Sometimes, I find myself sitting in front of my computer, first draft on the screen, cracking my knuckles to dive into revision but always finding some excuse to delay. As the minutes tick by, I dream that this:
is what my editing process could be like (at least, until 5:00 that is). Oh how wonderful it would be if editing were as simple as placing a pointy hat on your head and humming along as brooms sweep aside the confusing sentences and brushes scrub away the comma splices and buckets of water move the conclusion to the introduction and fill in the gaps. But alas, revision needs to be done, and shortcutting the process, or ignoring it entirely, often leads to disaster (5:00 onwards).
Conveying this message to writers in the writing center who may be reluctant to revise is important. There is a clear distinction between “line editing” and “global editing,” the latter which is usually significantly more difficult. But it is important to assure the writer that global editing can make an okay paper good, and a good paper fantastic. And it doesn’t have to be that excruciating. If the paragraphs in the piece don’t quite relate to the thesis in a logical way, then suggest deconstructing the piece and looking at the heart of each paragraph. Chances are in talking it out the writer will make a connection he or she had in mind all along but couldn’t quite articular in words. The talk could go something like this:
(Just finished reading the paper out loud)
Tutor: Great! So, what are your thoughts?
Writer: Well, this is a really really rough draft. And I feel like I don’t really support my thesis. The paragraphs don’t seem to connect, but I have no idea where to start or what to do.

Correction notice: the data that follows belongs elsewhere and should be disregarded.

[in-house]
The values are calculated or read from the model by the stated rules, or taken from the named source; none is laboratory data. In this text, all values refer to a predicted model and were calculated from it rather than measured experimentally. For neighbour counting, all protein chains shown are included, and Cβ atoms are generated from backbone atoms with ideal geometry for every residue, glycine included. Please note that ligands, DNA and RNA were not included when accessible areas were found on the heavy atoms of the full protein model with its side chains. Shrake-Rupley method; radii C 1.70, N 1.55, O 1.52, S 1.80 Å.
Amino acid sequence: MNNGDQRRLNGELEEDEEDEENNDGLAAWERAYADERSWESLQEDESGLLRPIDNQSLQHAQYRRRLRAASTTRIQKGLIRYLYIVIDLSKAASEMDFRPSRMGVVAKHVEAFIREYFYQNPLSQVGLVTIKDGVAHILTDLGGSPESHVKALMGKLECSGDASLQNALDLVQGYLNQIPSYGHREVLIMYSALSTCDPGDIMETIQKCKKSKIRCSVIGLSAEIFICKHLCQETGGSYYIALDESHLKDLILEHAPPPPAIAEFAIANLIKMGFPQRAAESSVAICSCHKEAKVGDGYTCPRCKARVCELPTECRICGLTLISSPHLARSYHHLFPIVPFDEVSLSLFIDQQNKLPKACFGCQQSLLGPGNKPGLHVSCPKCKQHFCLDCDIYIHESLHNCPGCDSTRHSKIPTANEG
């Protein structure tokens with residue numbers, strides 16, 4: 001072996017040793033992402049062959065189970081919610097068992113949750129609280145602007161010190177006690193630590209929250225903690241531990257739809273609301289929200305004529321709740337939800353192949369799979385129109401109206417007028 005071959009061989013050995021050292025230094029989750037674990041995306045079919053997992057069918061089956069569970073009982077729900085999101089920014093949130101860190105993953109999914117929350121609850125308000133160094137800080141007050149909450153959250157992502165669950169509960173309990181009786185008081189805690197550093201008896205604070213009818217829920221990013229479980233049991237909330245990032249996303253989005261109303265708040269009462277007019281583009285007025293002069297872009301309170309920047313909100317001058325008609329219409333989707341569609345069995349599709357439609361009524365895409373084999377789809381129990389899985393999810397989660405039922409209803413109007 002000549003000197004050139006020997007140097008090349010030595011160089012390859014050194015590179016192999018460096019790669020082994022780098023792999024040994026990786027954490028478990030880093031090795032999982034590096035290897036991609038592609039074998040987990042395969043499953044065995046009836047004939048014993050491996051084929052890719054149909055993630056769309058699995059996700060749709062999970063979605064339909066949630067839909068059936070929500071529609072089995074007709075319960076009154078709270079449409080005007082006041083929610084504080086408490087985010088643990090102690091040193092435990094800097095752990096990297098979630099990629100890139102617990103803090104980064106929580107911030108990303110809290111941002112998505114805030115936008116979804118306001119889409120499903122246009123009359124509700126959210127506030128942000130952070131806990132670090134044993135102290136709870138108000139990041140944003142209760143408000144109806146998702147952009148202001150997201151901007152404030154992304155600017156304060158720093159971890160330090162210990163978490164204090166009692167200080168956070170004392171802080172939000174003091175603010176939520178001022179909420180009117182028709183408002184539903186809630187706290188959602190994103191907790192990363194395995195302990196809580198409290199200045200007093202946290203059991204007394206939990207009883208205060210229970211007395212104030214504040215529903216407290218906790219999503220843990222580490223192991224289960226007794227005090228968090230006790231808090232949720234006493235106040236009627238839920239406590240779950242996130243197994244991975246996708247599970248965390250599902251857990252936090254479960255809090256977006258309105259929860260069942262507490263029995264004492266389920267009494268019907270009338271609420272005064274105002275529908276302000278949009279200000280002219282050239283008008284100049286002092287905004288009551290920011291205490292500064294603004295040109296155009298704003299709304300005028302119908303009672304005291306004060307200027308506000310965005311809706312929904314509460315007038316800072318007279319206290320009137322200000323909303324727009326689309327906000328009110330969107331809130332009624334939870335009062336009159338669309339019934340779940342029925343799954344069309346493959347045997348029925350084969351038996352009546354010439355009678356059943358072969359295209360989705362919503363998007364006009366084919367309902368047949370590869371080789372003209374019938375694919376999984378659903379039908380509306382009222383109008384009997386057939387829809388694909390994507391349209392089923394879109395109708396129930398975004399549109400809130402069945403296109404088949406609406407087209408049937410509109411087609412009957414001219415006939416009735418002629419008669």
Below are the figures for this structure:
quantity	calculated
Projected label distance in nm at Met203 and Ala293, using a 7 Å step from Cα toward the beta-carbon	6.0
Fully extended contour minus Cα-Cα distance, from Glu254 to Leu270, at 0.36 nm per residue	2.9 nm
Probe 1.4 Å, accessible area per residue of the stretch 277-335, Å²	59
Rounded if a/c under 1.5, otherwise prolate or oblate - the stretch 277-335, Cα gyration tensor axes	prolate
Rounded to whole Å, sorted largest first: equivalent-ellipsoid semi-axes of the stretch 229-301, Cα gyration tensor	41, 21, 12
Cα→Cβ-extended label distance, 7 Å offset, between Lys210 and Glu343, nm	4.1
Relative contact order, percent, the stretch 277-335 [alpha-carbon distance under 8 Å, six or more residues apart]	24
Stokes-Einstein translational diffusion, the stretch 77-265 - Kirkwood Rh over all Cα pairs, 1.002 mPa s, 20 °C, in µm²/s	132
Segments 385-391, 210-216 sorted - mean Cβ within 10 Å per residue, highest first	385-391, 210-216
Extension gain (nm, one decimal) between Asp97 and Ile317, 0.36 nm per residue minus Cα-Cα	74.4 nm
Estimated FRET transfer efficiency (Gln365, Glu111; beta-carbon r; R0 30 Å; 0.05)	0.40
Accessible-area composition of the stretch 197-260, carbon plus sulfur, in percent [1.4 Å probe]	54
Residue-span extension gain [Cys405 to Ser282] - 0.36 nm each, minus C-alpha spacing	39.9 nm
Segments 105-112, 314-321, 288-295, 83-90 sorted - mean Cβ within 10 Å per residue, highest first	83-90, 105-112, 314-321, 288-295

Tutor: Well let’s take a look. How about we go through each paragraph and figure out what the message of that paragraph is. We’ll write that down on this piece of paper here along with your thesis, and we’ll see if there are any connecting threads. What do you think, shall we give it a try?
Go through the piece, paragraph by paragraph, and have the writer summarize succinctly the point he or she is trying to convey in that paragraph. Perhaps either the tutor or writer could read it out loud, or the writer could simply summarize. At the end, look at the progression of the argument—does the chronology make sense, do the arguments relate back to the thesis, are there points that need to be included or excluded? Sometimes, taking away the extra words on the page and focusing on the bare skeleton is incredibly revealing—and helpful.
The process may not be magic, but it can feel like magic when the writer has that aha moment!